Year In Review

October 19, 2012

One year ago this month Boxwood Blight was officially found in the United States.  There was some legitimate panic in the nursery industry.  Today, one year later, we are still learning about Boxwood Blight.  The disease is still out there.  This fall as temperatures fell and moisture became more abundant some people were predicting that we would see another spike of new reports.  Knock on wood, it has not happened yet.  We do hear of occasional new hot spots popping up but not nearly to the extent once feared.  We continue to be fortunate that the disease has not become extensive in our geographical sales area.  At Saunders Brothers we continue to take all strides to keep Boxwood Blight out but at the same time prepare for what the Europeans tell us is the inevitable; how to deal with it when it does appear.  Daily we hear of people who are misdiagnosing Boxwood Blight.  PLEASE use professional labs to properly diagnose problems.  Unfortunately, nearly every dead boxwood is being linked to Boxwood Blight and I am not aware of a single case that I have been involved with where Boxwood Blight was the culprit.

Researchers continue to work tirelessly to understand more about Boxwood Blight.  Studies are happening on many fronts.  Work is underway to develop tests to allow growers and landscapers to have a quick ‘litmus’ test to identify the disease.  Chemical tests are happening to find what will stop the disease and what will prevent the disease.  DNA testing is happening to better identify different strains of the disease (currently 2 different strains have been found, but only one is in the United States.)  Saunders Brothers is extremely excited and heavily involved in varietal tolerance testing underway at NC State.  A group of researchers from NC State, headed by Miranda Ganci, D. M. Benson, and Kelly Ivors, have just published the first results from a trial this summer on susceptibility of various varieties of boxwood to Boxwood Blight.  Saunders Brothers donated over 1,600 plants to the testing and is very excited to see the first round of results.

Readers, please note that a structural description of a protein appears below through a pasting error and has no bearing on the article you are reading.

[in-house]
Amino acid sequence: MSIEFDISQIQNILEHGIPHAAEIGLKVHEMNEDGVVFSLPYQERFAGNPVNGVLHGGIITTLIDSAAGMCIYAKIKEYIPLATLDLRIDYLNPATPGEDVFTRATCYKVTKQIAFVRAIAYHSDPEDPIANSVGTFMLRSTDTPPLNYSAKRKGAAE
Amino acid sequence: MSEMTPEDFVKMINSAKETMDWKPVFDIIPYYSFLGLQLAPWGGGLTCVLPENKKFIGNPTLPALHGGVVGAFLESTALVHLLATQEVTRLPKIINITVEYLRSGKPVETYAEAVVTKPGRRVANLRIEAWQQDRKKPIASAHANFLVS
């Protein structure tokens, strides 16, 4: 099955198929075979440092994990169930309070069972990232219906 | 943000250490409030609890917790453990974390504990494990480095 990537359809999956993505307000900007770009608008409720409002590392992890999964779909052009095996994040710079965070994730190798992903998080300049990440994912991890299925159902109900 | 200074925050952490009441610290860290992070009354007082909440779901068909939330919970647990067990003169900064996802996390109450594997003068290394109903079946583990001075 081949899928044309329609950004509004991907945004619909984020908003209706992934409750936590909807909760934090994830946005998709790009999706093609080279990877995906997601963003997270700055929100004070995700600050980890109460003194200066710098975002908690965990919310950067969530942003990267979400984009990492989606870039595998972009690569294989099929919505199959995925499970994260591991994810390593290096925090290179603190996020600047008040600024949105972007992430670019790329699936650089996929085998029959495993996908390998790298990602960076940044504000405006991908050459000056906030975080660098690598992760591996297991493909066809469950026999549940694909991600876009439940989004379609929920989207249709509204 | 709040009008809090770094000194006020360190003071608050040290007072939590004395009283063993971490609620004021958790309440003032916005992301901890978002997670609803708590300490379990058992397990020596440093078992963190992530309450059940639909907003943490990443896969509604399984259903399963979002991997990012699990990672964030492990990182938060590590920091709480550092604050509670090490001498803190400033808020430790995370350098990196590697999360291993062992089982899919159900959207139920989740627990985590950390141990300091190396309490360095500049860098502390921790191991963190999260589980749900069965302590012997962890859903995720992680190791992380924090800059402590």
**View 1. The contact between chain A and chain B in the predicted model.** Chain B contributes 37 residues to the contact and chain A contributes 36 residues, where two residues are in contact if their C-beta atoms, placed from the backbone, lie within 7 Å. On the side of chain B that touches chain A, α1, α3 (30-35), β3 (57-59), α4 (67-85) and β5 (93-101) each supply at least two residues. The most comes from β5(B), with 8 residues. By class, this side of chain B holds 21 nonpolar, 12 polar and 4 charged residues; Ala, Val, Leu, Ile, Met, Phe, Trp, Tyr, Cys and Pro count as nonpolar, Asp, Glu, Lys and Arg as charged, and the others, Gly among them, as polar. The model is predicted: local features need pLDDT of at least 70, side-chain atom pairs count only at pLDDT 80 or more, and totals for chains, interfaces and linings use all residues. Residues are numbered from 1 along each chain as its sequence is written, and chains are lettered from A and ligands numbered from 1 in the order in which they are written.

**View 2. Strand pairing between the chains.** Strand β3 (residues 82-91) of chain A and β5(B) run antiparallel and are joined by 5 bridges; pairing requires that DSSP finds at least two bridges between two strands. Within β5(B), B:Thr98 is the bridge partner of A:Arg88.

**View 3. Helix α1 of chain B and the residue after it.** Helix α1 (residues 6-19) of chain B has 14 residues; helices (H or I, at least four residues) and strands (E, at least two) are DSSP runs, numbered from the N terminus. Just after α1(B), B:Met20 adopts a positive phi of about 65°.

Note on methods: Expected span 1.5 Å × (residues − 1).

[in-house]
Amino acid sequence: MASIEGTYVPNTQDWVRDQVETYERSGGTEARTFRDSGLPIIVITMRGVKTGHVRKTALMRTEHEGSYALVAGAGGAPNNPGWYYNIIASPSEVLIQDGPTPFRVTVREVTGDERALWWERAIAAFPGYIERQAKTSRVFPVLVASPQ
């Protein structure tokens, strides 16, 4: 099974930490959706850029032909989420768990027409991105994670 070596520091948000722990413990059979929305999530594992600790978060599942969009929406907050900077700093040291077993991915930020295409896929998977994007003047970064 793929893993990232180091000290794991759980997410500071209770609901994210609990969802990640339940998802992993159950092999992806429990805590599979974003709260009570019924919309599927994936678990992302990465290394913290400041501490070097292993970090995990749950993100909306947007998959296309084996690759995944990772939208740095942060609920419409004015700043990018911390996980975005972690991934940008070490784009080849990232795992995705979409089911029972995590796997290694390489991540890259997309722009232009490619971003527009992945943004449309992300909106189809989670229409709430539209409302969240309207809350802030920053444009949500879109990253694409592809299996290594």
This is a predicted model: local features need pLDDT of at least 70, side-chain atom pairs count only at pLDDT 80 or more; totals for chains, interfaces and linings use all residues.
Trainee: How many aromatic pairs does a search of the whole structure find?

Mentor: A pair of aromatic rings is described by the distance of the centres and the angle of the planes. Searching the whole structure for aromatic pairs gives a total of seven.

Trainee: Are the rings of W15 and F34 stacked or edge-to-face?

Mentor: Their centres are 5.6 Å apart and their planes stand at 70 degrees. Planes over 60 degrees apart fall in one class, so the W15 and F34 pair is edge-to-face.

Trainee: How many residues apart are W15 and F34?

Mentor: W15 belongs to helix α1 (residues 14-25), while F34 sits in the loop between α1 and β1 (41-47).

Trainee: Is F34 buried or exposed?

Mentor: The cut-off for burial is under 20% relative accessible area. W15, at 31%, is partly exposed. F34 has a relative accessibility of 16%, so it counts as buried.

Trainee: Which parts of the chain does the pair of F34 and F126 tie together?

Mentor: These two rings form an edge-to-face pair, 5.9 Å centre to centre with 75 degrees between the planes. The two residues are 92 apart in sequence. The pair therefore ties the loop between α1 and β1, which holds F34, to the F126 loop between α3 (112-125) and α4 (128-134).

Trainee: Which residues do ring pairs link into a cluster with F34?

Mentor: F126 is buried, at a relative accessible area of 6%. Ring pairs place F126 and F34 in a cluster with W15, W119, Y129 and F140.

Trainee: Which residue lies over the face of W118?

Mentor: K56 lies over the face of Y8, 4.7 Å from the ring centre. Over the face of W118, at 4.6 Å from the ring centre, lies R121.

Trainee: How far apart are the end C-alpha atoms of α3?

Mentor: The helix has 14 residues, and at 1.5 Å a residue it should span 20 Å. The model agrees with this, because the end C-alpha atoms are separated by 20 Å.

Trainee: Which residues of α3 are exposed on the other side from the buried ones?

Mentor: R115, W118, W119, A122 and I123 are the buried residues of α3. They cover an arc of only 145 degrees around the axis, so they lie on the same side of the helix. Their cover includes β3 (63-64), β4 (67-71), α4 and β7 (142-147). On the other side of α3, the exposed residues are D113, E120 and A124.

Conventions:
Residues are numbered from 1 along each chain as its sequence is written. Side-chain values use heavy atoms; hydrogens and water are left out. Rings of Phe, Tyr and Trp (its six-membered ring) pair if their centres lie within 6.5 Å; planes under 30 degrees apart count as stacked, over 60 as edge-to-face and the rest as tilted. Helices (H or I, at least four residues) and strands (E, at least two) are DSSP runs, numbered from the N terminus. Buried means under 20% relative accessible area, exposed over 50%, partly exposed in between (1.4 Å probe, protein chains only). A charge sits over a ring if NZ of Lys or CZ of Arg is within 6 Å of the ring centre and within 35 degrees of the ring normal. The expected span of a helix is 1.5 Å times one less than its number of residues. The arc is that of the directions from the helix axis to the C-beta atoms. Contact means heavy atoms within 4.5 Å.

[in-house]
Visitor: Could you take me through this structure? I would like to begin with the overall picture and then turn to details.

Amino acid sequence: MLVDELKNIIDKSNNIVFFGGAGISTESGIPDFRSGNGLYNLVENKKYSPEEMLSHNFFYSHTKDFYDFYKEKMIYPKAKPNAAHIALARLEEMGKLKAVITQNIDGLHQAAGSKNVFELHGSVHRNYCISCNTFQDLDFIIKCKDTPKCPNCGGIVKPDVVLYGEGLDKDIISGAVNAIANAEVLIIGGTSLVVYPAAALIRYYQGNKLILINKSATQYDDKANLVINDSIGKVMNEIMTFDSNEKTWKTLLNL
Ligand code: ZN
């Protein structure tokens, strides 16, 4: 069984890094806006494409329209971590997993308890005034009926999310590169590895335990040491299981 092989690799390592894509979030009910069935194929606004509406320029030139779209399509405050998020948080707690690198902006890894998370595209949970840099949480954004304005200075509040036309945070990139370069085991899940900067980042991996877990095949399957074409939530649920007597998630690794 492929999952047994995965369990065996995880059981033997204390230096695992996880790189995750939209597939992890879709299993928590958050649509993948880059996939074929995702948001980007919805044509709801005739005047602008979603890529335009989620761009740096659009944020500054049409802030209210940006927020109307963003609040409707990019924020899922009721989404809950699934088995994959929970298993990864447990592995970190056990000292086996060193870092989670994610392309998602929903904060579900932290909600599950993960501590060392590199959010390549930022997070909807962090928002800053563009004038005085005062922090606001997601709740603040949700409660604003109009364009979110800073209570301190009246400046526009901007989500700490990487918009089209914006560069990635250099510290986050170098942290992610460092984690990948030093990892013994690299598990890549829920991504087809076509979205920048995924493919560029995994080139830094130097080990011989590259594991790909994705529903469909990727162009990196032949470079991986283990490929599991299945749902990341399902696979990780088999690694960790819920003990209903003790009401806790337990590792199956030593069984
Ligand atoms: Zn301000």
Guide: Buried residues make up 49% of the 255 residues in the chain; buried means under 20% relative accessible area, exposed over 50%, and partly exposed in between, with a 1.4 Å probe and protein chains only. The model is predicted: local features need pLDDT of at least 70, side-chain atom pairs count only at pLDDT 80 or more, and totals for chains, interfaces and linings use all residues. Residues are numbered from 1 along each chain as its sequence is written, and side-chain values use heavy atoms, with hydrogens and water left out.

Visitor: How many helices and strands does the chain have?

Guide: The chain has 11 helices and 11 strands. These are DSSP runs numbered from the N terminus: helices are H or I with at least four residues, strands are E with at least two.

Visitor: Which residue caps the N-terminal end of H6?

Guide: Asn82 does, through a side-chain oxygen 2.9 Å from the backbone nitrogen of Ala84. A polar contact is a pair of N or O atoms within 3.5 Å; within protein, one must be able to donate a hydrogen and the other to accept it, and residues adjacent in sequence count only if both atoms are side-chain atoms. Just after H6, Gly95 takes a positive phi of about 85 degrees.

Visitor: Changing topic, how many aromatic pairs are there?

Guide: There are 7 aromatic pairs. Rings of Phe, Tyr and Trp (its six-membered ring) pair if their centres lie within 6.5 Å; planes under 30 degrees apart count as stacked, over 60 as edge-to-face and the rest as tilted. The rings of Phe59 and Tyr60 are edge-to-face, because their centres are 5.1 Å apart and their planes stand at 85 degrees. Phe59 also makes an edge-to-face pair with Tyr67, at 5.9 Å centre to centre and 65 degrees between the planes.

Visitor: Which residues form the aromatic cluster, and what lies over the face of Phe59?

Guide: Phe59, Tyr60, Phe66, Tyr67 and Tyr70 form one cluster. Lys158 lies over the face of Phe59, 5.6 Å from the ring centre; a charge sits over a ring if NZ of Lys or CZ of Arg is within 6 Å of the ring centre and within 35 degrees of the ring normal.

Results of the study were very interesting and revealing.  Most exciting was the fact that some varieties showed a great deal of tolerance to Boxwood Blight.  As expected the tighter, lower growing varieties were more susceptible.  More open growing or taller plants showed more tolerance.    Some varieties even showed ‘scars’ from the spore trying to penetrate the leaves but the plant seems to have fought it off and not allowed the disease to proliferate.   Currently, additional varieties are being evaluated in a second trial and we hope to see results late this fall.  Keep in mind the testing exposed the boxwood to an extremely conducive boxwood blight environment.  Plants that were heavily infected with Boxwood Blight were grouped, sometimes touching, with ‘clean’ plants under heavy shade with multiple overhead daily irrigations.  Unfortunately some of our favorites were more susceptible than we would have like to have seen.  However, we are not ready to throw in the towel on them.  Boxwood Blight susceptibility cannot, in itself, eliminate a boxwood, many factors must be considered. Saunders Brothers intends to address Boxwood Blight as a manageable disease.  We believe Boxwood Blight tolerance along with many other factors including exposure, height, width, mode of irrigation, leaf miner control, pruning habits, and existence of Boxwood Blight in the local landscape will all have to be considered before a plant is chosen.

Here is a link to the report from the NC State Cooperative Extension Service.  Report

Again, if you ever have any questions please feel free to contact me.

Robert Saunders

Sales Manager

Saunders Brothers, Inc.

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